Our cleaner bought the products that are needed to keep the house clean. Oddly, there was no dust pan. Monewa karamede? (What to do?) Out on the street and off to the gym, an old man cycles past towing a small trailer bursting with domestic appliances. He has a dustpan and brush. We negotiate a price and off he goes into the morning heat.
Just inside the gates of the open air car port of our block, our Dutch neighbour is in conversation with a man on a motorbike who delivers fresh fish. Today he has red mullet, what look like trout, and half a tuna fish.
Passing trade provides a platform for many livelihoods. In the morning and at dusk a tuk-tuk converted into a travelling bread oven passes by. People are alerted in time thanks to canned Fur Elise that rings out around the houses like the call of a regal ice-cream van.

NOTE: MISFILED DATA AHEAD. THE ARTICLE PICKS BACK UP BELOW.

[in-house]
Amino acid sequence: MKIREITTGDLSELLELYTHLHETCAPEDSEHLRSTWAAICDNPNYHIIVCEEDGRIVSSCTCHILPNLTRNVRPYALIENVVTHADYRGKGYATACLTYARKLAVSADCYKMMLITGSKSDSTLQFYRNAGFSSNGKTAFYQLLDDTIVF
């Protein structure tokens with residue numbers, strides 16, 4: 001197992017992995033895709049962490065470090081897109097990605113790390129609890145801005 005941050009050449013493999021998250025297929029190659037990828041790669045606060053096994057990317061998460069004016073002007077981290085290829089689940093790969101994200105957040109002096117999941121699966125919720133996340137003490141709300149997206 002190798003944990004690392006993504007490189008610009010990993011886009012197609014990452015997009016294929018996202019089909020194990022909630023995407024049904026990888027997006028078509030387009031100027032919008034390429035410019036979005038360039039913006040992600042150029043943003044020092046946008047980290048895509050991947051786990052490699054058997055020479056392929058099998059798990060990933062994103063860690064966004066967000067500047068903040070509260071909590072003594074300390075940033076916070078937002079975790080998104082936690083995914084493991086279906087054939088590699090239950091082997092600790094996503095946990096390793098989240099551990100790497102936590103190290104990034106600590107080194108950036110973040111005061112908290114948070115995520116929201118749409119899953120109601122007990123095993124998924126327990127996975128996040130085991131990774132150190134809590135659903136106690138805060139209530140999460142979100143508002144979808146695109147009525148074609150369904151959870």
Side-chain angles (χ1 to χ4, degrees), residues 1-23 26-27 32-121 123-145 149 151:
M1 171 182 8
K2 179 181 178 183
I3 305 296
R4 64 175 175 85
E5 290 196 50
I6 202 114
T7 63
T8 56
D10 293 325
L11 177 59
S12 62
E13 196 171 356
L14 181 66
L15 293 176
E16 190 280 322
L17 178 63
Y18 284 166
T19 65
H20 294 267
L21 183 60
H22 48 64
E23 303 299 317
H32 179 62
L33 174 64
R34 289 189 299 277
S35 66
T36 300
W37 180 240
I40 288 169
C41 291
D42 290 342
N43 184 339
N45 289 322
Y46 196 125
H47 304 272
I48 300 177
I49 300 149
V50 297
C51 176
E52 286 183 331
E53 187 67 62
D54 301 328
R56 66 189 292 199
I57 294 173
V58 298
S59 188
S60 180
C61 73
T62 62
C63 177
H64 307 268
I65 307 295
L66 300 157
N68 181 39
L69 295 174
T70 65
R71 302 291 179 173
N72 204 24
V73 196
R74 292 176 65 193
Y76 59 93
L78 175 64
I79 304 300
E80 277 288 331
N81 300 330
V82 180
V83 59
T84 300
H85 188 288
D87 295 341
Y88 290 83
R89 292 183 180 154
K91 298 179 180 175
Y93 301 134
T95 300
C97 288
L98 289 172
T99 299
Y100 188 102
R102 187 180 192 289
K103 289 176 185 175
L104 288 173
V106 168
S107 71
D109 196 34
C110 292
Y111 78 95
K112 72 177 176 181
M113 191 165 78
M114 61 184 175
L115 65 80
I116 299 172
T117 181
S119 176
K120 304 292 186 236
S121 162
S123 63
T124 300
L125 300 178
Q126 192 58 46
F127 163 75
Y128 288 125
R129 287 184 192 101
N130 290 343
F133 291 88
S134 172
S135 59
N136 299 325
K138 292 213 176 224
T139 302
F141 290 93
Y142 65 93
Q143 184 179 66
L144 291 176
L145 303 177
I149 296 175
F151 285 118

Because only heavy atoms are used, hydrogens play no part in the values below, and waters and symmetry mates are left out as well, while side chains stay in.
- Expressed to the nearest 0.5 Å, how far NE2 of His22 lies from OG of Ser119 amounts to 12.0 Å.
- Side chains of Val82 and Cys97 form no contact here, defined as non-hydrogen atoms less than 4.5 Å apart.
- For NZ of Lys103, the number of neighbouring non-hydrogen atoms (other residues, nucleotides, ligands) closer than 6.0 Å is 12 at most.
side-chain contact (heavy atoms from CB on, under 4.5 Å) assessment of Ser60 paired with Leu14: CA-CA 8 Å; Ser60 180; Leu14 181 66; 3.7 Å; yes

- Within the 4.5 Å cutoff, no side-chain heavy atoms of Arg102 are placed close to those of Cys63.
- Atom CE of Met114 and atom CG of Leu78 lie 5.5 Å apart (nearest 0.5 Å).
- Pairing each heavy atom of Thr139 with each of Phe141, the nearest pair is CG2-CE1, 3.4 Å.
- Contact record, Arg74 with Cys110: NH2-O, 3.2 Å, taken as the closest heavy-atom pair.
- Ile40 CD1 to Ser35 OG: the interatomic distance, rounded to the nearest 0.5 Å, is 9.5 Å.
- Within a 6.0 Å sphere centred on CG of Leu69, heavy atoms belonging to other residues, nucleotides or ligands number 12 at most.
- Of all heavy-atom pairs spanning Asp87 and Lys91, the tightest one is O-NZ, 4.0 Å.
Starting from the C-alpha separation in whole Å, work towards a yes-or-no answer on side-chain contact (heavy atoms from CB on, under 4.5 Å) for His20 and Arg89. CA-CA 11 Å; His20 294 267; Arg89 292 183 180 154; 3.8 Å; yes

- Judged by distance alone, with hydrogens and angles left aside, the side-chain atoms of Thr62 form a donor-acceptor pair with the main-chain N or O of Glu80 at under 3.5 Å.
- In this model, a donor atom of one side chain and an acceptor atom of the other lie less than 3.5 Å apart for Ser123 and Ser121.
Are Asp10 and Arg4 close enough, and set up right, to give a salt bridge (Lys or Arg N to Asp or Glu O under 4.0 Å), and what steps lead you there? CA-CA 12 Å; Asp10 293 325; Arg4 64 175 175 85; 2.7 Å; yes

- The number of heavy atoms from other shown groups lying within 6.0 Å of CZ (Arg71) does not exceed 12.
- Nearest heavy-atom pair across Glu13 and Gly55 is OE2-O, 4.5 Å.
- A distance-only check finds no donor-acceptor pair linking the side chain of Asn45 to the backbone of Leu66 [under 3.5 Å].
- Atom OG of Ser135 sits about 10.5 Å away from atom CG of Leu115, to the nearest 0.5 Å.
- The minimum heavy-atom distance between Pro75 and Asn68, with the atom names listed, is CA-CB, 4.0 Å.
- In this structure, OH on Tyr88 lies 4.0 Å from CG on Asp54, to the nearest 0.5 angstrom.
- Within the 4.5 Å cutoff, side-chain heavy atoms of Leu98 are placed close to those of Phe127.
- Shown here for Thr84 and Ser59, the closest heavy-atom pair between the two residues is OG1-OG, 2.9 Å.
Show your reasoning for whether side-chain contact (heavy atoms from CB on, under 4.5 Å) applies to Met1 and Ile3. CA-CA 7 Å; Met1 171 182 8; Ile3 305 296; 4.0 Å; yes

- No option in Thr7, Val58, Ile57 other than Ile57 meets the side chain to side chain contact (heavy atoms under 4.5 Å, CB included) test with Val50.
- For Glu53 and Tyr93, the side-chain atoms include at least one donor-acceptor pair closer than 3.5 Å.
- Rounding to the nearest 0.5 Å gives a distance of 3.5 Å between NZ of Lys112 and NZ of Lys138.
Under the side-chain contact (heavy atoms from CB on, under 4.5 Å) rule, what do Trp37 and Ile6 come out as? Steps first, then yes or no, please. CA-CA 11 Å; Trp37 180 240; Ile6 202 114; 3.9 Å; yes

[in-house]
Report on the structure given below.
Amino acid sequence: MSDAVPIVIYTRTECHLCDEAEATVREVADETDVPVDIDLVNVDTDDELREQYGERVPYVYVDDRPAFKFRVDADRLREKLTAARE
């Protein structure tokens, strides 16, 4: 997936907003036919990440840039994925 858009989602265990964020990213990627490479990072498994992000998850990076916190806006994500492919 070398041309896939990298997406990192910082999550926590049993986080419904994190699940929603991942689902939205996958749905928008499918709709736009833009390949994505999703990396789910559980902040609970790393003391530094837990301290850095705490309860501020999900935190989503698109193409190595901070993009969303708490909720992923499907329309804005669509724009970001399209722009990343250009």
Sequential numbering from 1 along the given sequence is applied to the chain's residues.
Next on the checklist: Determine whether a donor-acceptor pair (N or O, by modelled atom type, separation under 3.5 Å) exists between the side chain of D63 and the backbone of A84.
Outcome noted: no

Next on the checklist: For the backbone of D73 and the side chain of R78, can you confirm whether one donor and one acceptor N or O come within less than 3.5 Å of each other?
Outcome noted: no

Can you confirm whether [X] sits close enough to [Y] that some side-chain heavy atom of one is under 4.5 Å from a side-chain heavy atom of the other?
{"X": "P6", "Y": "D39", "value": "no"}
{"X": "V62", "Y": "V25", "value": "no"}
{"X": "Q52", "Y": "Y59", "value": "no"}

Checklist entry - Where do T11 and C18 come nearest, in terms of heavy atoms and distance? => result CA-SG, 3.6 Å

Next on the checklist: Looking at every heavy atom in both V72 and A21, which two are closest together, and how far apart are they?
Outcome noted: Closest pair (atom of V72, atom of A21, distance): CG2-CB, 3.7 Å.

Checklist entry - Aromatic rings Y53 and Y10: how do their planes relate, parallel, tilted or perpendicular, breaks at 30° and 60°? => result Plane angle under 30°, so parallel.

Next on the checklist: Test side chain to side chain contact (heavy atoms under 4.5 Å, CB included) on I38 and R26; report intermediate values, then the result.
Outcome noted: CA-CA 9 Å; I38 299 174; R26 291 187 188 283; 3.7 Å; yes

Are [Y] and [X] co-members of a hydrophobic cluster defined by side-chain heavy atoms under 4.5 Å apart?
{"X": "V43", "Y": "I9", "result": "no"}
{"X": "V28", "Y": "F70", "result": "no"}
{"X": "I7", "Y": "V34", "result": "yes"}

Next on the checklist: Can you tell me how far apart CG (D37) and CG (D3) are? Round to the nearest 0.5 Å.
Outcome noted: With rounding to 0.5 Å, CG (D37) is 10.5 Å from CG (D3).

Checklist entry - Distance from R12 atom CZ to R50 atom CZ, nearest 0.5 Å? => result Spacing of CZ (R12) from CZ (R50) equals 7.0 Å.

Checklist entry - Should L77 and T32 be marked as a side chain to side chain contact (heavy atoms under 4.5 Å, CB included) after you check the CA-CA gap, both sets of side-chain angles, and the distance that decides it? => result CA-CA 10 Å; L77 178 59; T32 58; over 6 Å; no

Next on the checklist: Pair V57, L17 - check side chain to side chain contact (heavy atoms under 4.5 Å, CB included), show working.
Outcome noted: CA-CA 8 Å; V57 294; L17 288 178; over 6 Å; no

The Singer’s not on song.
So we bought a washing-machine-cum-spin-drier, a thing of simple and functional beauty that would’ve pleased Hogarth had he been alive today. For an entire week of in-country training my colleagues bore the brunt of my gloating. Much to my chagrin, two weeks later and the spin-drier has stopped spinning.
The engineer proudly declares he will visit us on the very evening of its demise, since when we have had our first taste of Sri Lankan Time. SLT, as Karunatilaka explains in Chinaman, is the length of time after the agreed time an action or event takes place. For example, if a meeting scheduled for 10am doesn’t actually start until 11.15am, that would be 1.15 SLT. We are currently at 42.18 SLT. The latest visit has been rearranged for 3pm on Monday. SLT will tell.
Simple snapshots of daily business in Colombo.